USACE IDIQ plan supported by the Energy Initiative Task Force. The RFP is expected in early 2012 with an award in 2013. In the interim the TF still will have to support other energy efforts, so 2012 will be the year of the wildcat energy project. Although the EITF has not embraced the 5th fuel in its mandate, conservation continues to be the cheapest, safest, cleanest and most secure way to energy security. Entrepreneurs and installations that understand UESCs and ESPCs will have a chance to steal a march ahead of the big IDIQ which will corral all future Army energy production efforts. My sincere hope is that it will accelerate the process, but I have seen bureaucracies in action, or inaction.
The Air Force and the Navy will press ahead with alternative fuels with the USAF going after Jet – A as substitute for JP8 in CONUS. Has DLA-E lost the single fuel on the battlefield fight? When I checked with my liquid fuels experts, I got this response:
“There was a study done by an AF grad student that shows that Jet A will cost more. Why? JP-8 is more expense than commercial jet because it's made in small batches. With only some aircraft converting to Jet A the batches of JP-8 get smaller so the price of JP-8 goes up. Not all aircraft can fly on Jet A. None of the studies justifying Jet A looked at the secondary effects. The AFIT study was squashed by the AFPET/CC. The AFIT Professor/student advisor and the AFPET/CC almost came to blows over this.”Second and third order effects in the energy world rarely get the visibility they should.
The USN will continue to look for new and sustainable substitutes for the various JPs they use. Installation efforts by both will continue to be decentralized and no mandates will be issued to the base level. I will be watching NAVFAC Southwest where a number of innovative base energy efforts have been undertaken.
Operational Energy continues to chug along with most people talking while the USMC attacks. Not only did they get GREENS into the acquisition pipeline, they are using Smart Power to influence their local environment. Check out this USMC effort in the Helmand Province. The USD, OEPP was supposed to galvanize the operational energy effort, but it appears they are still building consensus with the Services. The office published its strategy in June 11 with the promise of an implementation plan 90 days later. In November I asked when the implementation plan would be published. I was passed off to the OSD PAO who informed me that:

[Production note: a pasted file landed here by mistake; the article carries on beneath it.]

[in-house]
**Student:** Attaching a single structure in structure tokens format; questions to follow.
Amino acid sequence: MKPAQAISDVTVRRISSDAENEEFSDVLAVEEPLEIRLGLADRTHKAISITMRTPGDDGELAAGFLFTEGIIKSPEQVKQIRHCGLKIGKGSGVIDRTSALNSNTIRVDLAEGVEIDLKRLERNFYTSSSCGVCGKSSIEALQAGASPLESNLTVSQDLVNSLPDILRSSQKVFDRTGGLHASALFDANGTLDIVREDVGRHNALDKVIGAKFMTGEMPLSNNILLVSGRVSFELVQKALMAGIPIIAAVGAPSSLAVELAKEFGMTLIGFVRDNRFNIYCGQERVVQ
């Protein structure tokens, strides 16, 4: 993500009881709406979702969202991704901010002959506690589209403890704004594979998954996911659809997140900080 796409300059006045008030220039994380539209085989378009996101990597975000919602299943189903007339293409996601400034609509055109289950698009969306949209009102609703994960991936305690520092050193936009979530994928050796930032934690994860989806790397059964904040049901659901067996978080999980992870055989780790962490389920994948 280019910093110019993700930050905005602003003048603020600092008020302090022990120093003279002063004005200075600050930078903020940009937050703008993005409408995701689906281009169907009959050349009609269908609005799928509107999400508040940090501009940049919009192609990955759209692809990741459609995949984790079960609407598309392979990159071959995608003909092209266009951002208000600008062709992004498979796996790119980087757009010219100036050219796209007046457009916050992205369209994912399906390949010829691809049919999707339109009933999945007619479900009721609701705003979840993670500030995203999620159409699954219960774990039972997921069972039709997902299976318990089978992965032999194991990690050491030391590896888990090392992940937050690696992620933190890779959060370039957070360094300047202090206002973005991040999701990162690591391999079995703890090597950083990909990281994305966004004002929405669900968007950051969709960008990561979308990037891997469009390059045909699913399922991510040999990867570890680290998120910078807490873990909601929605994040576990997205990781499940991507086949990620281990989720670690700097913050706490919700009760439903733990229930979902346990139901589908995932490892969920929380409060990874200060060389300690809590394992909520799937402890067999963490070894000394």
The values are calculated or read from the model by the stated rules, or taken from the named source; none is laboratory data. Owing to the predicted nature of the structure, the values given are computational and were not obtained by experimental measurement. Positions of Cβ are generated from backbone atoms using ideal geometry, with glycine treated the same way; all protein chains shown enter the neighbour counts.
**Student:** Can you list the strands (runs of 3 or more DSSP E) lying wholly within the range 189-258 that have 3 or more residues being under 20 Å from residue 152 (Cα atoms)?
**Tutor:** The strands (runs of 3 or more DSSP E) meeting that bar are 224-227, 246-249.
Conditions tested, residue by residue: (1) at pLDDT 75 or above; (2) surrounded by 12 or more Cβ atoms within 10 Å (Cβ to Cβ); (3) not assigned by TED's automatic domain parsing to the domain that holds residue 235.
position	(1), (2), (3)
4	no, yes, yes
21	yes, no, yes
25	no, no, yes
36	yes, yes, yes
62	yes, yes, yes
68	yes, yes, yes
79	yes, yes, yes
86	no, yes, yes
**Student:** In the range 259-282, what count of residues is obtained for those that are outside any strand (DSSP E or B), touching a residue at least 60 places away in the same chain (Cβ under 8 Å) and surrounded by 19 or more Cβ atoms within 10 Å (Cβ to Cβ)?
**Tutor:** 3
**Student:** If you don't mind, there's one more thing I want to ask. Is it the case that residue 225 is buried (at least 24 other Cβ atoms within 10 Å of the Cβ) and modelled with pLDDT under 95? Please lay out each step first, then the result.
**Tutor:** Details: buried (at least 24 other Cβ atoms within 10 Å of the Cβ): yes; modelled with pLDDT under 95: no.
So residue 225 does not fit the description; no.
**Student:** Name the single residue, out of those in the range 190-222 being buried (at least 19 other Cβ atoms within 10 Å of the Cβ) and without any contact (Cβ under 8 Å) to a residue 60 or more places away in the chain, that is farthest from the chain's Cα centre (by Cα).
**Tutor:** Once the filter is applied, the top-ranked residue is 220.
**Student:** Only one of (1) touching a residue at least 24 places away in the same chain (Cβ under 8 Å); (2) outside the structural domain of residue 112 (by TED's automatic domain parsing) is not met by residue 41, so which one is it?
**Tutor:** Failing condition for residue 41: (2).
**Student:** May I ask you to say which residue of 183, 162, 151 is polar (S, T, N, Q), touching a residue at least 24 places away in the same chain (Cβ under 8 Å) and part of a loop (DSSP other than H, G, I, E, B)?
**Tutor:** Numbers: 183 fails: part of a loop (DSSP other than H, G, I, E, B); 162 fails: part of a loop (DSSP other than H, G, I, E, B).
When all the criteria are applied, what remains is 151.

"The Implementation Plan was released internally to the Defense Department in mid-September and we have already begun action on the initiatives outlined in the Plan. However, as with many other high-level documents of this nature, additional time was needed for full internal coordination with all relevant stakeholders in the Department before the document could be released publicly. Congressional and public release will occur upon completion of internal coordination."We are still waiting. They have staffed their office in Afghanistan with some well-seasoned energy hands so I look for some progress out forward.
The Army handed off operational energy to the Rapid Equipping Force (again), but has since placed staff responsibility firmly with the Army G4. The folks in the G4 Logistics Innovation Agency seem to be leading the charge there.
Generally, we will see the importance of operational energy diminish over the coming year as the Services focus on redeployment and a shrinking budget. As the Department draws down from 10 years of continuous combat and watches budgets shrink and sequester, their plans to use OPM (other people’s money) to reduce demand and increase renewables will pay dividends. It will be one place where they can point to doing something positive for the troops while saving money and, in some cases, turning a profit. The various organizations focused solely on energy will face pressures to reduce their size even as they are moving from the planning phase into execution. The ones that can point to a positive balance sheet will retain their jobs. This will be a lucrative market, but an unforgiving one. The Authorities are clear, the Responsibilities less so and Accountability is none existent. It will be left up to individuals to do the right thing for no other reason than it is the right thing. People change for one of two reasons: overwhelming threat or overwhelming opportunity. Otherwise they just do the status quo. Without reward or penalty, energy security is based upon hope today. I hope I am wrong. Dan Nolan